Monday, February 9, 2009

Family Loyalty out the Window

So what do you think?
In Mr. Condon's Living Trust, he provided that his grandson, Jeff, would get $150,000 on his death if the grandson had reached age 25. He also provided that if his grandson was not 25 at the time of his death, his son, Milton, would be appointed as the after-death agent to manage the $150,000 and deliver it to Jeff when he reached that age.

Jeff was 19 when his grandfather died. In accordance with his grandfather's Living Trust instructions, his father, Milton, secured the funds.

Fast-forward to six years later when Jeff finally turned 25, I noticed in my appointment book that Jeff had made an appointment to see me. In reviewing his grandfather's trust, I was reminded about the gift provision to him. Therefore, I assumed that Jeff wanted to meet with me for advice on the transfer of that gift to him. As I met Jeff in my waiting room, I said, "Happy Birthday! What's the first thing you are going to do with your gift?

He responded, "Sue my father!"

In my office, Jeff explained what he had meant by such a shocking statement. Upon turning 25, he approached his father for the money. When he did, his father said, "Hey, son, since my money is family money, your money is family money. You've been receiving your distribution all along in the form of food, clothing, and shelter."

Mr. Condon wanted his grandson to have that bequest to help him get a leg up in life: to start that family, buy that home, establish that business. What his grandson got instead was a lesson in the school of hard knocks. When it comes to money, family loyalty goes out the window.

Thanks to: Jeff Condon, Trust Law Adviser, Wiley and Sons, 2008

Joseph E. Deering

632 Arizona Avenue
Santa Monica, California 90401
Telephone (310) 393-0701

Holiday Blues - Depression in the Elderly

The holiday season is here. If you are a caregiver for an elderly loved one, you may notice a change in your loved one's mood as the holidays approach. Perhaps you are one of many, who visit elderly parents and family during the holidays who live a distance away. When you visit you may notice that loved ones are not as physically active, or they show symptoms of fatigue or sadness and have no interest in the holiday or in their surroundings.

According to the National Institutes of Health; of the 35 million Americans age 65 or older, about 2 million suffer from full-blown depression. Another 5 million suffer from less severe forms of the illness. This represents about 20% of the senior population -- a significant proportion.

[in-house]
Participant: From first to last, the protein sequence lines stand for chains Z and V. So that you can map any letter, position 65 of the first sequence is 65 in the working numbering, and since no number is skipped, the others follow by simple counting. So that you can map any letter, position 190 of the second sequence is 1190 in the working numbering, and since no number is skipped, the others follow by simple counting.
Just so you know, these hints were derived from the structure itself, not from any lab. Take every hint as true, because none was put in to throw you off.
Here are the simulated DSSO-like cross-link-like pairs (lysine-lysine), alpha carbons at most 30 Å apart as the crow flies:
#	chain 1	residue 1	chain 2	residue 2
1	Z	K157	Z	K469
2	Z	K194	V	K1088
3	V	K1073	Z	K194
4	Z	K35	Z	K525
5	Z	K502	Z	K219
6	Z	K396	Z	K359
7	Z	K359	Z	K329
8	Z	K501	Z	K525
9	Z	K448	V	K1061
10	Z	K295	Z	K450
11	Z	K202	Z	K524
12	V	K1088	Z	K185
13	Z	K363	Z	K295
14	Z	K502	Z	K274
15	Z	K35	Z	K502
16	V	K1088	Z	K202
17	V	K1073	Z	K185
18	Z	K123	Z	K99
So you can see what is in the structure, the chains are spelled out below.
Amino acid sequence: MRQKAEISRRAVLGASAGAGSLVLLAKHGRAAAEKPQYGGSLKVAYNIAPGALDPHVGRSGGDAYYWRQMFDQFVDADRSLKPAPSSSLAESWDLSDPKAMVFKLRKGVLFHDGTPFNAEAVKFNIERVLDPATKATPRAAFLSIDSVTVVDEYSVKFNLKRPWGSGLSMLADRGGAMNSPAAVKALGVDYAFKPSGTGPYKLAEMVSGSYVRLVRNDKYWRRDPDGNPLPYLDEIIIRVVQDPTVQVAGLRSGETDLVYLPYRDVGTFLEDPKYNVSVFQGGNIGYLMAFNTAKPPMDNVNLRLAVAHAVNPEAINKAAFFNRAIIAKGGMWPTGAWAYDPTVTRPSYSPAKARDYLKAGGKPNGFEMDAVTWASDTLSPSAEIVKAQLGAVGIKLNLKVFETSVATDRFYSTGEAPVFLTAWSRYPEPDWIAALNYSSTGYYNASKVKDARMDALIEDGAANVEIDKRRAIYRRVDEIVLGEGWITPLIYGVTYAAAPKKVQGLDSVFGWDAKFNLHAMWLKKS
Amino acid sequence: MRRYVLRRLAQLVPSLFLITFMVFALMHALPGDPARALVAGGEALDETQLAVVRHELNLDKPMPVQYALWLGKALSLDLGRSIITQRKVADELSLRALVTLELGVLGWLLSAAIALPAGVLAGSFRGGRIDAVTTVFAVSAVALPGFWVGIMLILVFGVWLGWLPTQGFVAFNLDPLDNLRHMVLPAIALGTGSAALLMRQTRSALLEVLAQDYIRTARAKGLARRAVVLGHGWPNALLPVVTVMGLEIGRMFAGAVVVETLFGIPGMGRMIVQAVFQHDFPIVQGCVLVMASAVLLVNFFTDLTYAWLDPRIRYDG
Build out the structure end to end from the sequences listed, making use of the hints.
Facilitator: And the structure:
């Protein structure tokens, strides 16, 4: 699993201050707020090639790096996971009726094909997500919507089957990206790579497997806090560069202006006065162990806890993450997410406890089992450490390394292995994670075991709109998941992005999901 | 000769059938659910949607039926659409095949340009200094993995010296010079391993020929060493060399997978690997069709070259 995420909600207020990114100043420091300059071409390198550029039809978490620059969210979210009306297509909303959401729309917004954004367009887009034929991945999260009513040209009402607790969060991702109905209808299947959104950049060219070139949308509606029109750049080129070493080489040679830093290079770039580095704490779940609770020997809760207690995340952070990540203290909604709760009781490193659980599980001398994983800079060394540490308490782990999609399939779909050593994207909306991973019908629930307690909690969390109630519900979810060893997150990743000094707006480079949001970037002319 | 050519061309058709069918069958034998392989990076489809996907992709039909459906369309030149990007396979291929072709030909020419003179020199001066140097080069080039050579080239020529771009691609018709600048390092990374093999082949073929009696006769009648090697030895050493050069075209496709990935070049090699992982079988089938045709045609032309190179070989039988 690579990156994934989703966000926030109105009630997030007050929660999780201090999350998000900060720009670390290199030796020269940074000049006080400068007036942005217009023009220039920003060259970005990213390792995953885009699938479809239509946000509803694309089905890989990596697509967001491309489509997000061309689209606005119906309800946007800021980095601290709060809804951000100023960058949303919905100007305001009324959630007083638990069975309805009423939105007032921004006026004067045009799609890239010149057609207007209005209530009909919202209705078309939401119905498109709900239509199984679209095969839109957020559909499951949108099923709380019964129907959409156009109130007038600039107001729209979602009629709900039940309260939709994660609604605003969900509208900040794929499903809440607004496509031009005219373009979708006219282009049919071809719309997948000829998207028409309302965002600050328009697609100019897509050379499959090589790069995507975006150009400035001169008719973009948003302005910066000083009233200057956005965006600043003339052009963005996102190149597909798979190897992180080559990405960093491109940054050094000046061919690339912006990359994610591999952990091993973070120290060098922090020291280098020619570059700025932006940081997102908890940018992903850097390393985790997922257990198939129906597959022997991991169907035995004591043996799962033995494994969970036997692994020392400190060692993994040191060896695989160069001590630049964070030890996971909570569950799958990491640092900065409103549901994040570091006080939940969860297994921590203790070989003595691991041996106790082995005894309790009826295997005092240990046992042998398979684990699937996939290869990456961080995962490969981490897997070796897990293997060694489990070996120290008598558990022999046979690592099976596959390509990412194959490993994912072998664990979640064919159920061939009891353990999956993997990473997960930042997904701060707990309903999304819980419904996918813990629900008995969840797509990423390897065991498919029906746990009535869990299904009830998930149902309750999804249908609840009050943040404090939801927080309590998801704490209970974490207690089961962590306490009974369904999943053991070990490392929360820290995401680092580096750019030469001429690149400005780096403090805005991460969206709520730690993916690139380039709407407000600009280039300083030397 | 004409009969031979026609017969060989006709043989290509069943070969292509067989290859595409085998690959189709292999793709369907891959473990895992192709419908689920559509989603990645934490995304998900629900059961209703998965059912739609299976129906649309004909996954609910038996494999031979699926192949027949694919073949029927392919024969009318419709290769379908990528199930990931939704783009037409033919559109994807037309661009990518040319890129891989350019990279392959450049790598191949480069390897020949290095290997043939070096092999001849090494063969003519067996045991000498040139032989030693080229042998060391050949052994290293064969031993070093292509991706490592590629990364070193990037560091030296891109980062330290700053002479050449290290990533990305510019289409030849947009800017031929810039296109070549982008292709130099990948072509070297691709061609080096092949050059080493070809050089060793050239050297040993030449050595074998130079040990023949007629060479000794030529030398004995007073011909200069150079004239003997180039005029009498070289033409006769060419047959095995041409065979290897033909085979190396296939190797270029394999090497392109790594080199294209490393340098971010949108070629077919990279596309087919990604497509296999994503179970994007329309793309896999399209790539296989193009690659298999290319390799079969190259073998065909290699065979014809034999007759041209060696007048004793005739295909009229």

Depression in the elderly is difficult to diagnose and is frequently untreated. The symptoms may be confused with a medical illness, dementia, or malnutrition due to a poor diet. Many older people will not accept the idea that they have depression and refuse to seek treatment.

What causes depression in the elderly?

It is not the actual holiday that causes depression, but the fact that holidays tend to bring memories of earlier, perhaps happier times. Additional contributing factors that bring on depression may be the loss of a spouse or close friend, or a move from a home to assisted living, or a change with an older person's routine.

Depression may also be a sign of a medical problem. Chronic pain or complications of an illness or memory loss can also cause depression. In addition, diet can also be a factor when proper nutrition and vitamins are lacking.

As an example, Selma's husband passed away, a few months before Christmas. Her family lived close by and would call or drop in often to check on her. Selma seemed a little preoccupied and tired, but this was to be expected as she had been the caregiver for her husband for many years. It wasn't until the family noticed that her holiday decorations were not out and her yearly routine of Christmas card writing was not happening that they began questioning her mental and physical well being.

A trip to her physician confirmed depression, caused by not only the loss of her spouse, but a vitamin B12 deficiency. There were both mental and physical reasons for her depression.

Symptoms to look for in depression might include:

  • Depressed or irritable mood
  • Feelings of worthlessness or sadness
  • Expressions of helplessness
  • Anxiety
  • Loss of interest in daily activities
  • Loss of appetite
  • Weight loss
  • Lack of attending to personal care and
  • Fatigue
  • Difficulty concentrating
  • Irresponsible behavior
  • Obsessive thoughts about death
  • Talk about suicide

Treating the holiday blues in seniors.

Get the senior involved in some social or other types of activities. The elder person generally denies any problems or may fear being mentally ill. You can make the difference in and remove the Holiday Blues from seniors suffering from depression. For example, get them involved in an art project which can be a valuable asset for improvement.

The Senior Arts Foundation at Santa Monica is a community based organization to connect seniors to the arts. It acknowledges the excellence of artworks produced, appreciated and collected by seniors. The SAF recognizes the talents of these older adults and aims to expand their horizons into all aspects of the arts. It provides a vehicle to express their artistic vision and support their artistic talent.

For more information, see these sites:

Joseph E. Deering

632 Arizona Avenue
Santa Monica, California 90401
Telephone (310) 393-0701